November 11, 1998 will mark four solid years since I've held a job longer than six months. Despite what people might think, collecting disability is no picnic. Although I may be a tad above the poverty line, I can't tell. I'm usually broke by the fifteenth of the month. Therefore I often have to do without the things that used to be simple pleasures like going to the movies or purchasing a book.
Originally, not working brought me a lot of sleepless nights and left me angry and despondent. I was so sensitive that I'd be expecting the type of slighting comment that my friend recently made, and when they didn't come, the issue fell to the back of my mind, but was never really resolved. When my friend made his crack, he hit a raw nerve. Yes, I knew then by his tone and the context of our original conversation that he meant no harm. However, knowing something intellectually does not necessarily lessen the feeling of being attacked.
I felt this way, unbeknownst to him (until now), for a multitude of reasons. At the time I was still regrouping from my last hospitalization, and not feeling particularly good about myself, nor optimistic about my future. I was only beginning to work through some difficult issues from my last position of employment. Progress on freeing myself of this baggage was already hampered by my own ongoing inner conflict about being unemployed, rather not being able to trust that my body would not give out on me again, something that I used take for granted.
Like myself, both of my parents are immigrants. Divorced, both remarried before I was old enough to understand what was going on. Growing up, I lived with both sets of parents for extended periods, and if nothing else they all instilled in me one strong ethic: "Work, work hard, and you will be rewarded."
So on the inside, I'm a real mixed bag of emotion. On the one hand, I'm ecstatic to have all this free time. I get to indulge myself in strengthening my skill as a writer, tinkering with different styles, and genres, all in the name of finding and becoming secure in my own voice.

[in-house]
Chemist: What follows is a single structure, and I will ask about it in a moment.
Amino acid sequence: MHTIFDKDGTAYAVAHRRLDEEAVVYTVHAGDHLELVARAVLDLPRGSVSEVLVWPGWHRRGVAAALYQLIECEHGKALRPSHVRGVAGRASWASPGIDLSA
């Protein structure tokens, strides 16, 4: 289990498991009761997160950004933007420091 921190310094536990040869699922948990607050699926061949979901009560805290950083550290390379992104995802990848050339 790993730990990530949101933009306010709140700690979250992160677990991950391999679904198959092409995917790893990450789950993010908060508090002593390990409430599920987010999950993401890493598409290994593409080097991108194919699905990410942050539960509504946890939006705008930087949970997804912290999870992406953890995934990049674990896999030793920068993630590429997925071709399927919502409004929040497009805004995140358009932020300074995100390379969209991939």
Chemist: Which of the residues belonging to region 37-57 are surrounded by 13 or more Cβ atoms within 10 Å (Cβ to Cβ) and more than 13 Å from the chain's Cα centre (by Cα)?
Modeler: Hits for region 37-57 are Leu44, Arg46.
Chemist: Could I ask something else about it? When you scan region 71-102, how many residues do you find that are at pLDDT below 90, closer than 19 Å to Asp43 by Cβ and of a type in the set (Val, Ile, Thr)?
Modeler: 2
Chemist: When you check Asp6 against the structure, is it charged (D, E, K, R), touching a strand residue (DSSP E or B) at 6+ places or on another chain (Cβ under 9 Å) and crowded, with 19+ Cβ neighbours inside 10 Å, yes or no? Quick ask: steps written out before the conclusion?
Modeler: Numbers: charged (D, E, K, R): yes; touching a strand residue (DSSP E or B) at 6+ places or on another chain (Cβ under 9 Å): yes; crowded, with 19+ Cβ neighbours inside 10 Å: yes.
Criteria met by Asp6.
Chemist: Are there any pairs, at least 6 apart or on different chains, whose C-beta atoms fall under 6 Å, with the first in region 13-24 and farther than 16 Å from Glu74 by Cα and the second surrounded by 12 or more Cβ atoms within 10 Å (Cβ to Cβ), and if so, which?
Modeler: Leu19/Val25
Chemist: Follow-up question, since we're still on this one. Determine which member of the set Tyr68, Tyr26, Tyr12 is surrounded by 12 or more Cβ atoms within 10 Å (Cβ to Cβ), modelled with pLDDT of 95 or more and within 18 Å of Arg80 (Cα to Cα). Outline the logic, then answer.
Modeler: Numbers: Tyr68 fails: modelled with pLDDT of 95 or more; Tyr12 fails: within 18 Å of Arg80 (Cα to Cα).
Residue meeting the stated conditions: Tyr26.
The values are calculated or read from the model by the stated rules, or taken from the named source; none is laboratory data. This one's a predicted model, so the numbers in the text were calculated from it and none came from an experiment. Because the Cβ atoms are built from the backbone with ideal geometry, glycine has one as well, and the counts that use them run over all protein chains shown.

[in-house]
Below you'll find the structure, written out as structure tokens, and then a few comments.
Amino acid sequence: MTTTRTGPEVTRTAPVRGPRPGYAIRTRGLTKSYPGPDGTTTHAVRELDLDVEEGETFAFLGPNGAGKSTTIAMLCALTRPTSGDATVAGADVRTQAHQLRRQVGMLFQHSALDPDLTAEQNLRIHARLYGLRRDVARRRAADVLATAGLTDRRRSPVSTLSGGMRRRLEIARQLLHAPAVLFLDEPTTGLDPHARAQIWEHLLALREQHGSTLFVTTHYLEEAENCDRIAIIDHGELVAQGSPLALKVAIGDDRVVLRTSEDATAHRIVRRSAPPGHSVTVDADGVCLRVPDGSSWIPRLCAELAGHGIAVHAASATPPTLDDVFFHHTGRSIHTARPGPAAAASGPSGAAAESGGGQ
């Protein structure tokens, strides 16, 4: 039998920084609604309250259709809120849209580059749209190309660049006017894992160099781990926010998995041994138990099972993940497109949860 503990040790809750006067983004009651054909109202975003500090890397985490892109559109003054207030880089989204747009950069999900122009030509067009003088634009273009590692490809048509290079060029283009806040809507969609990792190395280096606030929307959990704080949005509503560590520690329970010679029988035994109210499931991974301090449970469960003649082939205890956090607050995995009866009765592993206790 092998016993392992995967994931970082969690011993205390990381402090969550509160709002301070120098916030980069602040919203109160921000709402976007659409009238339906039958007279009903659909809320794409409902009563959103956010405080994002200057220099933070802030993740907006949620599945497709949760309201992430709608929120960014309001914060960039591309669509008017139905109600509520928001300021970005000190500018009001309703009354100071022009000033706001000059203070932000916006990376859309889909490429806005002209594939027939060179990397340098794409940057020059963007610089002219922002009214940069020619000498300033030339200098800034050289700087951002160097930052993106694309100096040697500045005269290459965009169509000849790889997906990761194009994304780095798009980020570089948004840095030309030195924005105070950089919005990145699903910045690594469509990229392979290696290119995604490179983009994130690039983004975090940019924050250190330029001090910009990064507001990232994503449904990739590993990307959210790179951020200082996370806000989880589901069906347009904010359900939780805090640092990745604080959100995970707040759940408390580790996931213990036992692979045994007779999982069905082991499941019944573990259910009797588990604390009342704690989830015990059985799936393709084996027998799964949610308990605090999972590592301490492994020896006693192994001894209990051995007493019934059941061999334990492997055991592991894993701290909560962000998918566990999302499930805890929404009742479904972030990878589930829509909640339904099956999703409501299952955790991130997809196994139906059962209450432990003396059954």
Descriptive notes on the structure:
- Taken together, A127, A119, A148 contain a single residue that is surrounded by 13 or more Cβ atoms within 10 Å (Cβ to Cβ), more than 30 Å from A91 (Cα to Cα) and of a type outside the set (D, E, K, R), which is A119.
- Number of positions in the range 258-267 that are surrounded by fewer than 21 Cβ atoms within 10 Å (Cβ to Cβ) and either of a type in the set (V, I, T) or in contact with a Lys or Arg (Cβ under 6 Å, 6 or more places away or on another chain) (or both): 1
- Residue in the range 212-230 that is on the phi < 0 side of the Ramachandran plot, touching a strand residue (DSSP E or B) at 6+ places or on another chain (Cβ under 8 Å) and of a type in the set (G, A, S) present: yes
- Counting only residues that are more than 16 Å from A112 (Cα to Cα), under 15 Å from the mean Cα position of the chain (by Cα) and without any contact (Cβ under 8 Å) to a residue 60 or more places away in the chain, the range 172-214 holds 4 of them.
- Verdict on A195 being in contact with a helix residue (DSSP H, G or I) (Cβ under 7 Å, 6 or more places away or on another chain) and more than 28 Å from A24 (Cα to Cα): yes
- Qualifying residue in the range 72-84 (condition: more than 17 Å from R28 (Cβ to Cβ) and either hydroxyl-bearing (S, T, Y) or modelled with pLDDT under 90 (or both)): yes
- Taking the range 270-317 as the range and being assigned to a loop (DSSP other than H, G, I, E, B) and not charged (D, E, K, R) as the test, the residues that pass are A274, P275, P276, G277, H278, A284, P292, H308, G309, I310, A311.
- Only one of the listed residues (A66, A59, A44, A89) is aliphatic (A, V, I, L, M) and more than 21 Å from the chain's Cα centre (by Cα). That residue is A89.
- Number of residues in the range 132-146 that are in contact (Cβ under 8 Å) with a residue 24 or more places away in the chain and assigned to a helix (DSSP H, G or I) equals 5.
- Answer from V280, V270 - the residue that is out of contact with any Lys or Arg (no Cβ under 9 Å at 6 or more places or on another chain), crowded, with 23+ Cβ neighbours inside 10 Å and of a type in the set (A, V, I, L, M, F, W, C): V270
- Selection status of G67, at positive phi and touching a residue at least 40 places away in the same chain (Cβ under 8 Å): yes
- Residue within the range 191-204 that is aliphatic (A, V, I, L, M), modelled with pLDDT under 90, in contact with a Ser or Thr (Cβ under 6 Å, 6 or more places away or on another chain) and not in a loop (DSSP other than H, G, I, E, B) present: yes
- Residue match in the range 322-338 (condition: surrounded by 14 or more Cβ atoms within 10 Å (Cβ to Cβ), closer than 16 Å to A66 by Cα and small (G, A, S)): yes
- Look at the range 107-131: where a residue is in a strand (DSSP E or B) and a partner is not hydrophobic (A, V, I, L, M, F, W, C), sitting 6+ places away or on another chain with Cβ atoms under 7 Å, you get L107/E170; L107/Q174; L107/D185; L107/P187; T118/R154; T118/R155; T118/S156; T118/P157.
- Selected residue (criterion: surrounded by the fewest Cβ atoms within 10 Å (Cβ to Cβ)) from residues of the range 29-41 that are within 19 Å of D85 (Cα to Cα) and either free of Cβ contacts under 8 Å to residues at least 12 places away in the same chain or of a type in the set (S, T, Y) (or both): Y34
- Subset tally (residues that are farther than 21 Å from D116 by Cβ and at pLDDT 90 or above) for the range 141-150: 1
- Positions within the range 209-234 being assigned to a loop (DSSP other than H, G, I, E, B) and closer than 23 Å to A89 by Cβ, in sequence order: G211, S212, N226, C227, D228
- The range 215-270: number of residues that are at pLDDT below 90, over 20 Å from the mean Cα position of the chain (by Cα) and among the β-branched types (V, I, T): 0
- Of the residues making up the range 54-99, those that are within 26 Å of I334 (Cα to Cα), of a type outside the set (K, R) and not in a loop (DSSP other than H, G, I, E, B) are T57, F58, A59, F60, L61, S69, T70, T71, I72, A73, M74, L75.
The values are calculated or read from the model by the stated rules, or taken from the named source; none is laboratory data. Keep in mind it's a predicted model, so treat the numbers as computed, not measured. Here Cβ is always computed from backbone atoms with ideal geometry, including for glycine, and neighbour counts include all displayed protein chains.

On the other hand, I, to this day, suffer with bouts of depression because I'm not doing the 9 to 5, but, instead, receiving Social Security disability. Through counseling (at Positive Impact) my depression is becoming less and less frequent these days, but I'm still carrying some guilt for not pulling my own weight. On days when I'm feeling particularly healthy, I'm more prone to feeling a great sense of loss, of self-definition. Intellectually I realize that these feelings stem from my upbringing. In addition, the fact that, from my mid-teens throughout the majority of my adulthood, I've punched the proverbial time clock also contributes to my less than adequate feelings at times.
No doubt someone out there is thinking, "Okay, Adrian, you've said all this to say what?" Well, thanks for asking. My point is that I, like many if not most folks who've been benched by HIV or some other terminal illness, have already put (and at times still are putting) ourselves through enough stress over our condition. Perhaps you might consider this before you make that next jest.
To you, my "friend," or anyone else who has thoughts on saying something to me about my being unemployed, please SAVE IT. You see, I've spent countless sleepless nights, and even more paranoid moments, torturing myself over this issue. Not that I'm at all a religious person, but here's one that I think applies: "Let he who is without sin cast the first stone."